By The Numbers – 55

In 1929, uniform numbers appeared on the back of baseball jerseys for the first time, thanks to the Indians and the Yankees.  By 1937, numbers finally appeared across all uniforms, both home and away, across both major leagues.  Since that time, 81 distinct numbers have been worn by members of the White Sox, while the Cubs boast 76.

Today, we continue our look at those players, picking our favorite, if not the best, player to wear each uniform number for both Chicago teams with #55.  30 players have donned #55 while playing in Chicago, 13 for the White Sox and 14 for the Cubs.

So maybe this is recency bias kicking in a bit, since he threw a no-hitter last month, but Carlos Rodon gets my nod as the top #55 in Chicago baseball history.  Selected with the #3 pick in the first round of the 2014 draft, Rodon made his debut in 2015 and never quite became that top of the rotation force that you would expect given his pedigree.  Then, the injuries started.  Making only 49 appearances over 4 seasons, Rodon appeared to hit his low point in 2020, when, just back off the IL, manager Rick Renteria brought him out of the bullpen for 2 high leverage situations: a last week of the season game against the Indians while battling for the division title and again in the last Wild Card game against the A’s as the White Sox fought to advance to the next round.  Neither appearance went well and after the season, Rodon was non-tendered.  However, he was brought back on a smaller deal and, on a cold Wednesday night in April, he was perfect for 8 1/3 innings, before hitting a batter and then finishing up the no-hitter.  Maybe, after 6 seasons, he’s finally ready to break through as the ace he was drafted to be?

On the north side, when one thinks of Double Nickels on the back of the uniform, one thinks of Shawn Estes.  Signed as a free agent prior to the 2003 season, Estes went 8-11 with a 5.73 ERA as the Cubs surprised pretty much everyone in winning the Central Division title.  He did not appear in the post-season and left as a free agent after the season.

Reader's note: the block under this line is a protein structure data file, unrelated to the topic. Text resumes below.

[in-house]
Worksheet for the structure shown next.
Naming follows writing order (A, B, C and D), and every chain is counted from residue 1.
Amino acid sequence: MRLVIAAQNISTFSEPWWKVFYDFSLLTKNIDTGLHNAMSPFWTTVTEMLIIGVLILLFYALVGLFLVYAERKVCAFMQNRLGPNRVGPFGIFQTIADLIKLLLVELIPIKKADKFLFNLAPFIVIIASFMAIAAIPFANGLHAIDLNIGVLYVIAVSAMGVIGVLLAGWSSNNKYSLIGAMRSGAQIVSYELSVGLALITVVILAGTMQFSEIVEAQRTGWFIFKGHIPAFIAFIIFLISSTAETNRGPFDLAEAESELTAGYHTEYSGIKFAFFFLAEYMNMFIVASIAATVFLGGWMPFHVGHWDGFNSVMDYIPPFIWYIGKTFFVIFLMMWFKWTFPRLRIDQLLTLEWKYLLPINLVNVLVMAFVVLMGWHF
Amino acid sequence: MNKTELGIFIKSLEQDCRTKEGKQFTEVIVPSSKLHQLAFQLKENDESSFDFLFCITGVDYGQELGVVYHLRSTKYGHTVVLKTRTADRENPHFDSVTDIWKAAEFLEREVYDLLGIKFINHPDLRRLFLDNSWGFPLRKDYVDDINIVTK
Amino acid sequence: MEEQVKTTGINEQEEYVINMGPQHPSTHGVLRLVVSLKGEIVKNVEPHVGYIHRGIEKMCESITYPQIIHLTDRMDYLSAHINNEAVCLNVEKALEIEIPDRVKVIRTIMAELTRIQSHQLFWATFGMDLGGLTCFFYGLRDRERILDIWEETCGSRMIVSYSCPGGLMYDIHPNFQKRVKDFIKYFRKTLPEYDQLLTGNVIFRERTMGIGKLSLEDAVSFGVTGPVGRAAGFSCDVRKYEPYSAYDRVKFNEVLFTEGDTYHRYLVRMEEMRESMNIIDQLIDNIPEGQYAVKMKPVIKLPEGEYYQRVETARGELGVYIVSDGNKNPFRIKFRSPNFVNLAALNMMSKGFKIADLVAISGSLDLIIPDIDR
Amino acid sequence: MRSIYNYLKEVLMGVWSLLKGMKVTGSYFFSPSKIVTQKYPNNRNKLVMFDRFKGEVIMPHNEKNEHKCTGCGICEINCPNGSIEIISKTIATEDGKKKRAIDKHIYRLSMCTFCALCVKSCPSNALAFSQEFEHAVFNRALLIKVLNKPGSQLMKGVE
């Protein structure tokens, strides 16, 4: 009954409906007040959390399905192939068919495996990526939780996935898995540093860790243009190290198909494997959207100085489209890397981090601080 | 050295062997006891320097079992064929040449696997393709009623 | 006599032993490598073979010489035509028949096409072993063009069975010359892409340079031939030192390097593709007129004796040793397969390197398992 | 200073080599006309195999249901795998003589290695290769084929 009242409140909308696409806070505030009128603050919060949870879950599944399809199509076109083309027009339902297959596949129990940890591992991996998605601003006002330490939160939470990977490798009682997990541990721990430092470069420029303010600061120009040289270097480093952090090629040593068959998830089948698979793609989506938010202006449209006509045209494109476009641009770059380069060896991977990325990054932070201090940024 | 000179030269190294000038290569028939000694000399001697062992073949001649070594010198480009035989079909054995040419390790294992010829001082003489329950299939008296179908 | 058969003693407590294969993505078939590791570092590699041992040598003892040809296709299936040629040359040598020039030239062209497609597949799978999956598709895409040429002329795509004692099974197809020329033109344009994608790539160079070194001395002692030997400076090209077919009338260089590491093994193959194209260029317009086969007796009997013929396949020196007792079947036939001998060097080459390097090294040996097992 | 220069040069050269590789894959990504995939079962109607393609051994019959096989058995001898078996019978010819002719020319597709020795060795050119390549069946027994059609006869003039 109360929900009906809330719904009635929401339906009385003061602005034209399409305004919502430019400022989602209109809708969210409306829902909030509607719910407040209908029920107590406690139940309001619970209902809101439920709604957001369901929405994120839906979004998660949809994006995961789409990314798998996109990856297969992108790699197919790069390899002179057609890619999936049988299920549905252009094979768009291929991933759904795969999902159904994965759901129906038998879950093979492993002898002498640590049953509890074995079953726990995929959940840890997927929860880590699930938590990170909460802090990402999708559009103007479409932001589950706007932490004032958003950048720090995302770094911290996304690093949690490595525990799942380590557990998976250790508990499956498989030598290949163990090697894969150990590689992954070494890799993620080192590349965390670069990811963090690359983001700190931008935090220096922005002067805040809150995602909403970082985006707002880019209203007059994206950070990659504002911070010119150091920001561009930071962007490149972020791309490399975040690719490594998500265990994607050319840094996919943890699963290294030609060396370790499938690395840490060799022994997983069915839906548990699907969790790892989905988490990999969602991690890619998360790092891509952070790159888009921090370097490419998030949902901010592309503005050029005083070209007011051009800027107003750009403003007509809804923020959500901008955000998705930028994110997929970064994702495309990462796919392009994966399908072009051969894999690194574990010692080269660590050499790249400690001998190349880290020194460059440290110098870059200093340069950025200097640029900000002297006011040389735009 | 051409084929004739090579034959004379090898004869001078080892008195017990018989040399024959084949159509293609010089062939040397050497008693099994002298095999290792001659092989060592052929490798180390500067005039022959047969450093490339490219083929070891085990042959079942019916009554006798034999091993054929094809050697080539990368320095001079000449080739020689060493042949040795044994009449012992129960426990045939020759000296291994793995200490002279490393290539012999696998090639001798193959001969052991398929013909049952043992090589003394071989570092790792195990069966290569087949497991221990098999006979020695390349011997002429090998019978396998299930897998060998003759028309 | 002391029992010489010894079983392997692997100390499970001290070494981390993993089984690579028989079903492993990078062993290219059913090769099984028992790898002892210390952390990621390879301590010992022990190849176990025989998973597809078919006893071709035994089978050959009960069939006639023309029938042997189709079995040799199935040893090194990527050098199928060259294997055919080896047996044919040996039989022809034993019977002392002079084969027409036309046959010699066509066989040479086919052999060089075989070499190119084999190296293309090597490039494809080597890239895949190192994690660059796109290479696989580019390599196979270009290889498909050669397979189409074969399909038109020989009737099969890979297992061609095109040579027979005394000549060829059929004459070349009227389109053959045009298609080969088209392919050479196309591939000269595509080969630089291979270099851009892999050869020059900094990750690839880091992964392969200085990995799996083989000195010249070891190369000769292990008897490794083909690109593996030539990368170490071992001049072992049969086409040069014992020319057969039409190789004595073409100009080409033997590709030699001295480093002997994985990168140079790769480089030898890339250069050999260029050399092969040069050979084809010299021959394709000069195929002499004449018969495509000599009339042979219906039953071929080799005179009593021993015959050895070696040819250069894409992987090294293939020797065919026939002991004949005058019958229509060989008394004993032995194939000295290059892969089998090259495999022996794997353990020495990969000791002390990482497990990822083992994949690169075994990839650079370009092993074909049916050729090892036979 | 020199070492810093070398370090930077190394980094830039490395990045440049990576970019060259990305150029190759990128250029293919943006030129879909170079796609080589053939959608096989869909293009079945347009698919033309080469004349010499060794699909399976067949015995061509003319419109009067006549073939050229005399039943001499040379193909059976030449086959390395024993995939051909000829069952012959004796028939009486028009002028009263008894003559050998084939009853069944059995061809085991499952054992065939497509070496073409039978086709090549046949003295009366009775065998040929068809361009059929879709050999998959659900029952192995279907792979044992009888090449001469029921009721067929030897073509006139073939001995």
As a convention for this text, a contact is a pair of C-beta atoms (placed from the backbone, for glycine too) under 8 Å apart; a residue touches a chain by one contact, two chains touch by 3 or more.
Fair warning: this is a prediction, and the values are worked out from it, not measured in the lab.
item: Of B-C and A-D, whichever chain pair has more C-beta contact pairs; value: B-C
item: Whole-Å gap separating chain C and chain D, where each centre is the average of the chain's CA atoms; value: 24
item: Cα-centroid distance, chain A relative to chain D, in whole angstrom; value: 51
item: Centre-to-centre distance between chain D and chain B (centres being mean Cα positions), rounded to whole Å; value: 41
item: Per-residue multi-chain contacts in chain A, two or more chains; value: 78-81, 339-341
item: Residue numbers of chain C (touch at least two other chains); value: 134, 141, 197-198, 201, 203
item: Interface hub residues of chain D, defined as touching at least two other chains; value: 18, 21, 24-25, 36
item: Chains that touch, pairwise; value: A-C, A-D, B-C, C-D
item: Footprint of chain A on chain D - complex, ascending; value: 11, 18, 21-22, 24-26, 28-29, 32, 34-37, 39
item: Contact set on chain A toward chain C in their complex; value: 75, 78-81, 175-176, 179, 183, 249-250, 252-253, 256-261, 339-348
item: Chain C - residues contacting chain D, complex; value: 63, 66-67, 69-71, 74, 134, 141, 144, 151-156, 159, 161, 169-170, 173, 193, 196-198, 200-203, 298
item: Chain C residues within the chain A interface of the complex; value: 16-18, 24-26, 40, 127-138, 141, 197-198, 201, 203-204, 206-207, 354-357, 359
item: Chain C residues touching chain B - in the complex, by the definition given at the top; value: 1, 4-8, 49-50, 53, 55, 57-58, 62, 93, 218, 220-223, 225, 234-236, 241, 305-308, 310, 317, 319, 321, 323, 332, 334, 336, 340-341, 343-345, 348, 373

By The Numbers – 56

In 1929, uniform numbers appeared on the back of baseball jerseys for the first time, thanks to the Indians and the Yankees.  By 1937, numbers finally appeared across all uniforms, both home and away, across both major leagues.  Since that time, 81 distinct numbers have been worn by members of the White Sox, while the Cubs boast 76.

Today, we continue our look at those players, picking our favorite, if not the best, player to wear each uniform number for both Chicago teams with #56.  19 different players have donned #56 while playing in Chicago, and, spoiler alert, it has been retired on one side of town.

Mark Buehrle joined the White Sox organization in 1998, drafted in the 38th round.  Despite his lowly draft status, he rose quickly through the system, first coming up during the 2000 season, working out of the bullpen for the eventual division champions.  He moved into the rotation the following season, and stayed there for the next 11 seasons.  During that time, there were numerous memorable appearances, many of which I was privileged to see in person.

  • The 2007 no-hitter against the Rangers
  • The 2009 perfect game against the Rays
  • Winning Game 2 of the 2005 ALCS against the Angels, thanks to AJ’s heads-up baserunning, and starting the streak of 4 straight complete games
  • The 1 hour 36 minute game against the Mariners in 2005
  • The no look, through his legs flip to Paul Konerko on Opening Day 2010 against the Indians
  • And, of course, his performance in the 2005 World Series, starting Game 2, getting a no decision, and coming in to pitch the 14th inning and earning the save in Game 3